Over the years as a food writer, I’ve had the pleasure of judging many a food competition.
I’ve critiqued a gingerbread house contest, untold cookie exchanges, an apple pie baking battle (twice), a nursing home food cook-off, the short-lived TV series “Food Fight,” and even the $1 million Pillsbury Bake-Off.
But nothing quite prepared me for the Duckathlon.
My thoughts exactly.
Like me, you probably haven’t heard of it because it’s super secret. Indeed, this only-in-New York rencounter is by invitation-only. As a food writer in town for the James Beard awards gala, I was invited to be a part of it. I was told I couldn’t tell anyone ahead of time that I was involved with it. I was just supposed to report to HQ (“headquarters” to you non-James Bond-ians) at mid-day May 3. It was all so hush-hush.
HQ turned out to be Chelsea Market. And if you haven’t guessed by now, the Duckathlon is a culinary competition — if Monty Python or Ben Stiller came up with it.
This rather bawdy, zany, tongue-in-cheek event was created by Ariane Daguine of D’Artagnan, the foie gras and specialty meat purveyor. Teams of chefs from some of New York’s most celebrated restaurants don wacky costumes to pit their culinary skills against one another in all manner of crazy contests staged throughout the Meatpacking District. Trust me, you’ve never seen the likes of this.
This was the fifth year of the Duckathlon. The first one was held on a lark in 2005 as a way to celebrate the company’s 20th anniversary, and to foster relationships with restaurants. It proved such a hit with chefs that it’s been held ever since. Because after all, chefs are the ultimate competitors. They are warriors in whites. They are a force to be reckoned with. And if beer is at all involved, you can count on them being there.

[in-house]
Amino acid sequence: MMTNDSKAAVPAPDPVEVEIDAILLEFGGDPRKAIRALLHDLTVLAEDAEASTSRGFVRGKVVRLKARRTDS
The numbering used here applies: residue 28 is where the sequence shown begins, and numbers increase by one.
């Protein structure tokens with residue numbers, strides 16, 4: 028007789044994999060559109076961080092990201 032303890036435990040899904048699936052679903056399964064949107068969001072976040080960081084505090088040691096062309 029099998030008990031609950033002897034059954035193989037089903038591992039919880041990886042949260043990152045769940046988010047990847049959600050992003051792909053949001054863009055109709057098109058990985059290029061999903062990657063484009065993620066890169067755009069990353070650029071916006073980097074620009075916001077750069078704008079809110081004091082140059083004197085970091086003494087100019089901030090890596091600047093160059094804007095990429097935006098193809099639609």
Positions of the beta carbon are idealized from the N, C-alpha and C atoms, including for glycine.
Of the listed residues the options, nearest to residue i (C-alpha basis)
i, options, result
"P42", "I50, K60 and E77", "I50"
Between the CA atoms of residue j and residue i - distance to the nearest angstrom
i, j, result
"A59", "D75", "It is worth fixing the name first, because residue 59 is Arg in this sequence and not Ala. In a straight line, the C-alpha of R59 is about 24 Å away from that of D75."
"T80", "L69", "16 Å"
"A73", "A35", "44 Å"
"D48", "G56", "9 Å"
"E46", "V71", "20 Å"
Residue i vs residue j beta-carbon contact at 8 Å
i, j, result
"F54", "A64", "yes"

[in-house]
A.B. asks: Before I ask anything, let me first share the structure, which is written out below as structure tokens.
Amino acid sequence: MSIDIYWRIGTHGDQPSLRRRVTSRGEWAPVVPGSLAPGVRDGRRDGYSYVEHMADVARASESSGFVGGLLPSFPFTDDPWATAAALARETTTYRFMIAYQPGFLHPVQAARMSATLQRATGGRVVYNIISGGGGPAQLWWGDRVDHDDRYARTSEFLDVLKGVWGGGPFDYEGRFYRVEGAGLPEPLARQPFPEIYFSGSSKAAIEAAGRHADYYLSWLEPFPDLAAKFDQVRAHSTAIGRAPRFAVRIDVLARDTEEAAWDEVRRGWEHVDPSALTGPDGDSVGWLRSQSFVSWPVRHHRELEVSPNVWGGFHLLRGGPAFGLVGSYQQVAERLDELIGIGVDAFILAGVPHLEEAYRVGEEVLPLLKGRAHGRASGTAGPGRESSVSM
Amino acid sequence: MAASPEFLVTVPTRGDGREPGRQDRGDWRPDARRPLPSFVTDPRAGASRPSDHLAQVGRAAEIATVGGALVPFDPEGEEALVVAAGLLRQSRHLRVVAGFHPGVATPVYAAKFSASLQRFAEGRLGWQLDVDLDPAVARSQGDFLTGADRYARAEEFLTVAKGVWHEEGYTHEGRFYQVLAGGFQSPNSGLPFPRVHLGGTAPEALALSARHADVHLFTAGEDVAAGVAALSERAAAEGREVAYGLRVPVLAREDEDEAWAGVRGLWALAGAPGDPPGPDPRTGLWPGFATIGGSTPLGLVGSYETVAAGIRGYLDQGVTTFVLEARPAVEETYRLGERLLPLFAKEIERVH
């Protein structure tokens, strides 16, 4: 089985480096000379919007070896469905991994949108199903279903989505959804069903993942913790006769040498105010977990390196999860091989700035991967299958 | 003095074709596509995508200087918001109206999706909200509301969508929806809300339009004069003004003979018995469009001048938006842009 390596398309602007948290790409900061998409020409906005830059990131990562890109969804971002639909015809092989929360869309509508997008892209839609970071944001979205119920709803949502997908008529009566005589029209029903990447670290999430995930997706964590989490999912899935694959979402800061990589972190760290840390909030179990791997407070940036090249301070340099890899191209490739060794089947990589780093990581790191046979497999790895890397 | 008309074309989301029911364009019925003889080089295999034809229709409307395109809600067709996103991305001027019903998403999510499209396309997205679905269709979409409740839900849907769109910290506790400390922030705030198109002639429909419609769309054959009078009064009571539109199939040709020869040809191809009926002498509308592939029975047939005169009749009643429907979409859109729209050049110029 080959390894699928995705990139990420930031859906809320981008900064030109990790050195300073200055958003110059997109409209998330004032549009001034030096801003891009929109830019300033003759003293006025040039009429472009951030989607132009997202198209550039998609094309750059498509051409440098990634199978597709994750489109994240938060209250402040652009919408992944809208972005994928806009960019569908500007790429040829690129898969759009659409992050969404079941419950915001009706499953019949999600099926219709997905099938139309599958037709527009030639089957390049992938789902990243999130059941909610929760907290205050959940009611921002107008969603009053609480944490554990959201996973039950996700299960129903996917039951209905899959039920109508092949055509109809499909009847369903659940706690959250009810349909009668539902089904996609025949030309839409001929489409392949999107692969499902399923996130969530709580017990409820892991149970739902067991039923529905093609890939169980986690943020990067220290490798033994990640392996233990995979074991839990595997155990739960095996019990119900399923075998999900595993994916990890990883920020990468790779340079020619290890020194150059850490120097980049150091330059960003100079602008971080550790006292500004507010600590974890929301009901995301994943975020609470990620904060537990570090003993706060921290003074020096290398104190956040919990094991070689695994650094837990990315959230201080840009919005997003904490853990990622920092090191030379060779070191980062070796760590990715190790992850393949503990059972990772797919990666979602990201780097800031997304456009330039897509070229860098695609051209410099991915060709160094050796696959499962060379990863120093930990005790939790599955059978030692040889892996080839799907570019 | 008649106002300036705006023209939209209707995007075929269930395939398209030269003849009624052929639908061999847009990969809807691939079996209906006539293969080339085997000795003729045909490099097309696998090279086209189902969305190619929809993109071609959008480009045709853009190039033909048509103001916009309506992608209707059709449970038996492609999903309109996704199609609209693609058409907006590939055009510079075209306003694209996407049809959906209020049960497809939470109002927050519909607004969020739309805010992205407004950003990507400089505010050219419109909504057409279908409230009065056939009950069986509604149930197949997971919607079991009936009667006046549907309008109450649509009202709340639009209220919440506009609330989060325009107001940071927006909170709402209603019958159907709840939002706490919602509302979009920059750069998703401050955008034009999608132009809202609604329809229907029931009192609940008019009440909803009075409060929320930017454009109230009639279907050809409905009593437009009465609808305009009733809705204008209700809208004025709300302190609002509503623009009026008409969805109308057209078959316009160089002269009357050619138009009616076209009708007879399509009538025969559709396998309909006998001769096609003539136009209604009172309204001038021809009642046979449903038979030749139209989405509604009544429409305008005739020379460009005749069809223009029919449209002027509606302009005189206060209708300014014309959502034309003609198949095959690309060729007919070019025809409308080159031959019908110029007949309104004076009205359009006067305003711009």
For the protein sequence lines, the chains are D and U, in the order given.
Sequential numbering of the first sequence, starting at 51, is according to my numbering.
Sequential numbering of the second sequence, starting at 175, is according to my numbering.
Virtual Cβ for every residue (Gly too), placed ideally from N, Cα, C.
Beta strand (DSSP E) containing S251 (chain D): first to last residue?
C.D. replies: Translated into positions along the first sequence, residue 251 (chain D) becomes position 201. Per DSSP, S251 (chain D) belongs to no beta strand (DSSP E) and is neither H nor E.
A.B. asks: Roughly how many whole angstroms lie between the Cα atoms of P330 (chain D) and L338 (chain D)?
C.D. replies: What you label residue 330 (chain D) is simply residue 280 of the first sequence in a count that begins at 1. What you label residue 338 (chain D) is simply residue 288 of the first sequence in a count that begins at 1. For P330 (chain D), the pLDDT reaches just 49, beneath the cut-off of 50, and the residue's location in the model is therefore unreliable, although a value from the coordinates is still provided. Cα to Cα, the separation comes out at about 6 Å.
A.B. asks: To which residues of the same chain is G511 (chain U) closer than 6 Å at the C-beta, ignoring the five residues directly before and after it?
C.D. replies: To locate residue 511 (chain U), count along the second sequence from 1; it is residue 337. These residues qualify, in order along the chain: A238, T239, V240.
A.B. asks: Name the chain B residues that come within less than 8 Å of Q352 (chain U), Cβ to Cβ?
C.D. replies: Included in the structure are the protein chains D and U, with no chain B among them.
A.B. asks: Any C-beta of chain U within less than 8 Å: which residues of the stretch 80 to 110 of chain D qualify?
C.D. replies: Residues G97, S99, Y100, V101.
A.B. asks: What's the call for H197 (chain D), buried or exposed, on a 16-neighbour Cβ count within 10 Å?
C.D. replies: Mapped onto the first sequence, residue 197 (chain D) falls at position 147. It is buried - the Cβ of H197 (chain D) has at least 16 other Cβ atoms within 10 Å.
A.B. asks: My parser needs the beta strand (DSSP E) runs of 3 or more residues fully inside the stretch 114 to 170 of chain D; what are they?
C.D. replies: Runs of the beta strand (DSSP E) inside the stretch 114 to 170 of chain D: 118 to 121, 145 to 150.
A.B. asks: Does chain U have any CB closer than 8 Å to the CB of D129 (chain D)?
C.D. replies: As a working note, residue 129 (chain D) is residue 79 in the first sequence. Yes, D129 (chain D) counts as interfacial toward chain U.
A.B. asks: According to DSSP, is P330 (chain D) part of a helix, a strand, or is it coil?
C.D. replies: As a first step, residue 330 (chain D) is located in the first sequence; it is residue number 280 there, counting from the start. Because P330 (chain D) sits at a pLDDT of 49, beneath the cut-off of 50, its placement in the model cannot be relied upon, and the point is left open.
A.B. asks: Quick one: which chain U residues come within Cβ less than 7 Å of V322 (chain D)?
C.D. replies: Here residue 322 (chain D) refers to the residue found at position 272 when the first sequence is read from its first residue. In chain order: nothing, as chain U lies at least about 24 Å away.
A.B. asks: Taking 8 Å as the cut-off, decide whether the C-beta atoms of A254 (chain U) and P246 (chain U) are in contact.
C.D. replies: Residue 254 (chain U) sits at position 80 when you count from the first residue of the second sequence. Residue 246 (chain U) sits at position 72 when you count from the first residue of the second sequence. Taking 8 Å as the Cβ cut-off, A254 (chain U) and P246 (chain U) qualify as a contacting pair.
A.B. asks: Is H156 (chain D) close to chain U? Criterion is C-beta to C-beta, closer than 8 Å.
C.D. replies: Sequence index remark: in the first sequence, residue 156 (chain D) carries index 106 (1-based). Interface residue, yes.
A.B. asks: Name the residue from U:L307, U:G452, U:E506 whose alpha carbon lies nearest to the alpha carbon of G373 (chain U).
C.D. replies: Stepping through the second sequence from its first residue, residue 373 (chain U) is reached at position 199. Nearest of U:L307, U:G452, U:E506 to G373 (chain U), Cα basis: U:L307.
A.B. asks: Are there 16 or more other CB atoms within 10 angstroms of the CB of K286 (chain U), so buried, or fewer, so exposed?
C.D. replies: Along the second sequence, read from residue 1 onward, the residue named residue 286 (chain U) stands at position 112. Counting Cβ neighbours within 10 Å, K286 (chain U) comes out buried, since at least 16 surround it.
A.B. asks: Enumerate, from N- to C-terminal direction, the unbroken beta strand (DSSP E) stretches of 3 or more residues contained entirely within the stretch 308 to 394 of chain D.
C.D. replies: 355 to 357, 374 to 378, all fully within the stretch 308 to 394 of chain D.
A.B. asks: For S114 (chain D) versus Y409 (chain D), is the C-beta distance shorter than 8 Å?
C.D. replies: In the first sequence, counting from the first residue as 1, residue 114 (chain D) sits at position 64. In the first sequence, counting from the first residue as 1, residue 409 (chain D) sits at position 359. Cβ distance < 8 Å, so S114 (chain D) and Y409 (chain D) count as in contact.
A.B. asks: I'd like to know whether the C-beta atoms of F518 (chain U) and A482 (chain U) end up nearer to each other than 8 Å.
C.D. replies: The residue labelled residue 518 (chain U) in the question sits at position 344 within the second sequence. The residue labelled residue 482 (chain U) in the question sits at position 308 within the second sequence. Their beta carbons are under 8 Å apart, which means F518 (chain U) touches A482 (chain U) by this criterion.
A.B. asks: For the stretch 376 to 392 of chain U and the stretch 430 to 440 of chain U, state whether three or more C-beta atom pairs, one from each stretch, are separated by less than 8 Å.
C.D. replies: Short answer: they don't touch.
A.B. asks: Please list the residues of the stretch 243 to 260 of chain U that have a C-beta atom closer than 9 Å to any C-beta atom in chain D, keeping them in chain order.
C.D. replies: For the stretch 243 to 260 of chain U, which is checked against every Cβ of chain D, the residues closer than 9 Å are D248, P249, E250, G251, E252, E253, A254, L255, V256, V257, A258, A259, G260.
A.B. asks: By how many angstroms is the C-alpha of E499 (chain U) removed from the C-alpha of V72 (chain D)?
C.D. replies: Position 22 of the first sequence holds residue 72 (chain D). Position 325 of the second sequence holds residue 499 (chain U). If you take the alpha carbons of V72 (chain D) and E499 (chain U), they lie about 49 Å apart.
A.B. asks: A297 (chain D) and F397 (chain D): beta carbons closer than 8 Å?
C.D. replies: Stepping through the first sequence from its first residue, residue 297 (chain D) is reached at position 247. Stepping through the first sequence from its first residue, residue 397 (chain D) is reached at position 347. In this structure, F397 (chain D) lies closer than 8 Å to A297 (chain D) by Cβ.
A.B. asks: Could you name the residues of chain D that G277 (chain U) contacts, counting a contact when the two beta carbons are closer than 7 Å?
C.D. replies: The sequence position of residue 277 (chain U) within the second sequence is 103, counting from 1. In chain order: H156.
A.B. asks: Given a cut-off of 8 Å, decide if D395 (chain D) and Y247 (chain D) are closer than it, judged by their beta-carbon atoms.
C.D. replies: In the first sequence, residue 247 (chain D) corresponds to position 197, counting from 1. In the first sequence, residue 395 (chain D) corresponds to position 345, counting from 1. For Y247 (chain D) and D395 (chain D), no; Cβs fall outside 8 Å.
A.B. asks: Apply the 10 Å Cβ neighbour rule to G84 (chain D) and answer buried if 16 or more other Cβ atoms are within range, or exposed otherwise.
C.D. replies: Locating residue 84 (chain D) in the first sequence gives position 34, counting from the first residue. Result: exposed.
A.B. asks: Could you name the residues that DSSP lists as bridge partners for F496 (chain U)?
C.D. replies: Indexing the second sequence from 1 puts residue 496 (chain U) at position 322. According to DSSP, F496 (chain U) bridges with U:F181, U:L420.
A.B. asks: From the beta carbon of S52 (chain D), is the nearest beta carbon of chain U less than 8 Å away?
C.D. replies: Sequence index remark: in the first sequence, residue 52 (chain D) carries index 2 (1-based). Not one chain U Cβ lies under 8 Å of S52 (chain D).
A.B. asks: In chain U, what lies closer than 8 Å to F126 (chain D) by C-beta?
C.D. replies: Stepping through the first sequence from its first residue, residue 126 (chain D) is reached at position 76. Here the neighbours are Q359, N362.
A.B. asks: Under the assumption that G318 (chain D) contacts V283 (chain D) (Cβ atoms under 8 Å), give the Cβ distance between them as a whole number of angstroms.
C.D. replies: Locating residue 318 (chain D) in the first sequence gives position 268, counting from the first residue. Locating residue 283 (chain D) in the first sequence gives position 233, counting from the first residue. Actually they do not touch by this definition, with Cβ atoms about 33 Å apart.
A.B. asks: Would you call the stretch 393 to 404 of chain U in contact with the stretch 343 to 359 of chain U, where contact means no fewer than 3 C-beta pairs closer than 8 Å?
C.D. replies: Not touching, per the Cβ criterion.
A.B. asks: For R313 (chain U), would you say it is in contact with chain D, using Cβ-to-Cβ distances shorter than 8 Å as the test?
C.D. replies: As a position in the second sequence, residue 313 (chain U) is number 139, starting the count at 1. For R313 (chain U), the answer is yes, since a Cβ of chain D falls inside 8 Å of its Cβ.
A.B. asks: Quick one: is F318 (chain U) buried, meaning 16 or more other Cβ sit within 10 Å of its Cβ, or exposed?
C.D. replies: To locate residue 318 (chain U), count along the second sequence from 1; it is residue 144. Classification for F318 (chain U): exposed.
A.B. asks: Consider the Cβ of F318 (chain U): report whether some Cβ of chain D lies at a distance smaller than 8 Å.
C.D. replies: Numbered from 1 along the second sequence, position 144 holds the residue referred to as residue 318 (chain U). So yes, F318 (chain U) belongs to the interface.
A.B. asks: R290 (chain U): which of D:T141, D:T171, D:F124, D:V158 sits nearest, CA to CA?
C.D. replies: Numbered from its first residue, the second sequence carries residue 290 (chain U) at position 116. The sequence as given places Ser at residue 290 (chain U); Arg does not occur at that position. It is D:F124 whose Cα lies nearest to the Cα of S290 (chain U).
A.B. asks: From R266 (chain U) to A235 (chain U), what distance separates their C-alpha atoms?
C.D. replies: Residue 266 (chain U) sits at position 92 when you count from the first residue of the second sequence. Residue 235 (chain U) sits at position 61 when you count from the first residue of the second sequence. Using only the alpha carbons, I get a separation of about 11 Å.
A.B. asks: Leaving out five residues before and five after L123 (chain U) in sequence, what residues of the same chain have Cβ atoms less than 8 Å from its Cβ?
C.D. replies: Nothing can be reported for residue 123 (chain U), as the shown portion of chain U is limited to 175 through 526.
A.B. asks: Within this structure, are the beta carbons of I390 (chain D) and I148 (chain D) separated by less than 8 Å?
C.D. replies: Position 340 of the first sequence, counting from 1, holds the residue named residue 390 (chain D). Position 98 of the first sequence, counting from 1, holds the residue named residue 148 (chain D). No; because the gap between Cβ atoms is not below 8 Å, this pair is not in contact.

So did these teams prepare for hours and hours in the kitchen beforehand?
“I didn’t train at all,” says Chris “The Wedge” Lim, chef de cuisine of BLT Steak. “We’re all still drunk from the night before.”
“I did push-ups and sit-ups,” says Lauren Hirschberg, chef de cuisine of Craft Bar. “And 30 minutes of cardio.”
“I was speaking to ducks a lot,” quipped (or quacked) Thea Williamson, head of work in education for Team Gracie.
One of the most memorable challenges was “So Long, Saucisson.” Above, Celso Moreira, operations manager, of China Grill, wears a bra and hoop skirt, while trying to dunk a sausage suspended from a string into a metal can below that he can’t see. He was a natural at it.
“It was the bra,” he says of the fuschia lace cups he wore. “It gave me the support to win.”
Two other events had bystanders howling: The “Smile with Swine,” in which teams had to pose creatively with pig heads. And “Ball Buster,” in which teams had to guess which gonads belonged to which animals.
As a judge, I was given a tote bag of plastic ducks. I was to hand out a duck or two to teams I came across who were doing particularly well at the challenge at hand. If anyone resorted to any fowl behavior, I was to take a duck from them. Oh, the pressure.
In the end, almost every team won something. Prizes included everything from cookbooks to All-Clad saute pans to whole lobes of foie gras to hundreds of dollars worth of prized fresh morels and maitake mushrooms.
Jason Colucci, purchasing manager for Tribeca Grill, whooped and hollered at his team’s surprise second place. Colucci, who had knitted his team’s uniforms last year (yes, you heard that right), couldn’t have been happier.
Raising his arms in the air, he yelled, “This is like winning an Oscar!”
Indeed, it was a quacking good time for all.
For more photos, go to my “Duckathlon Leftovers” post.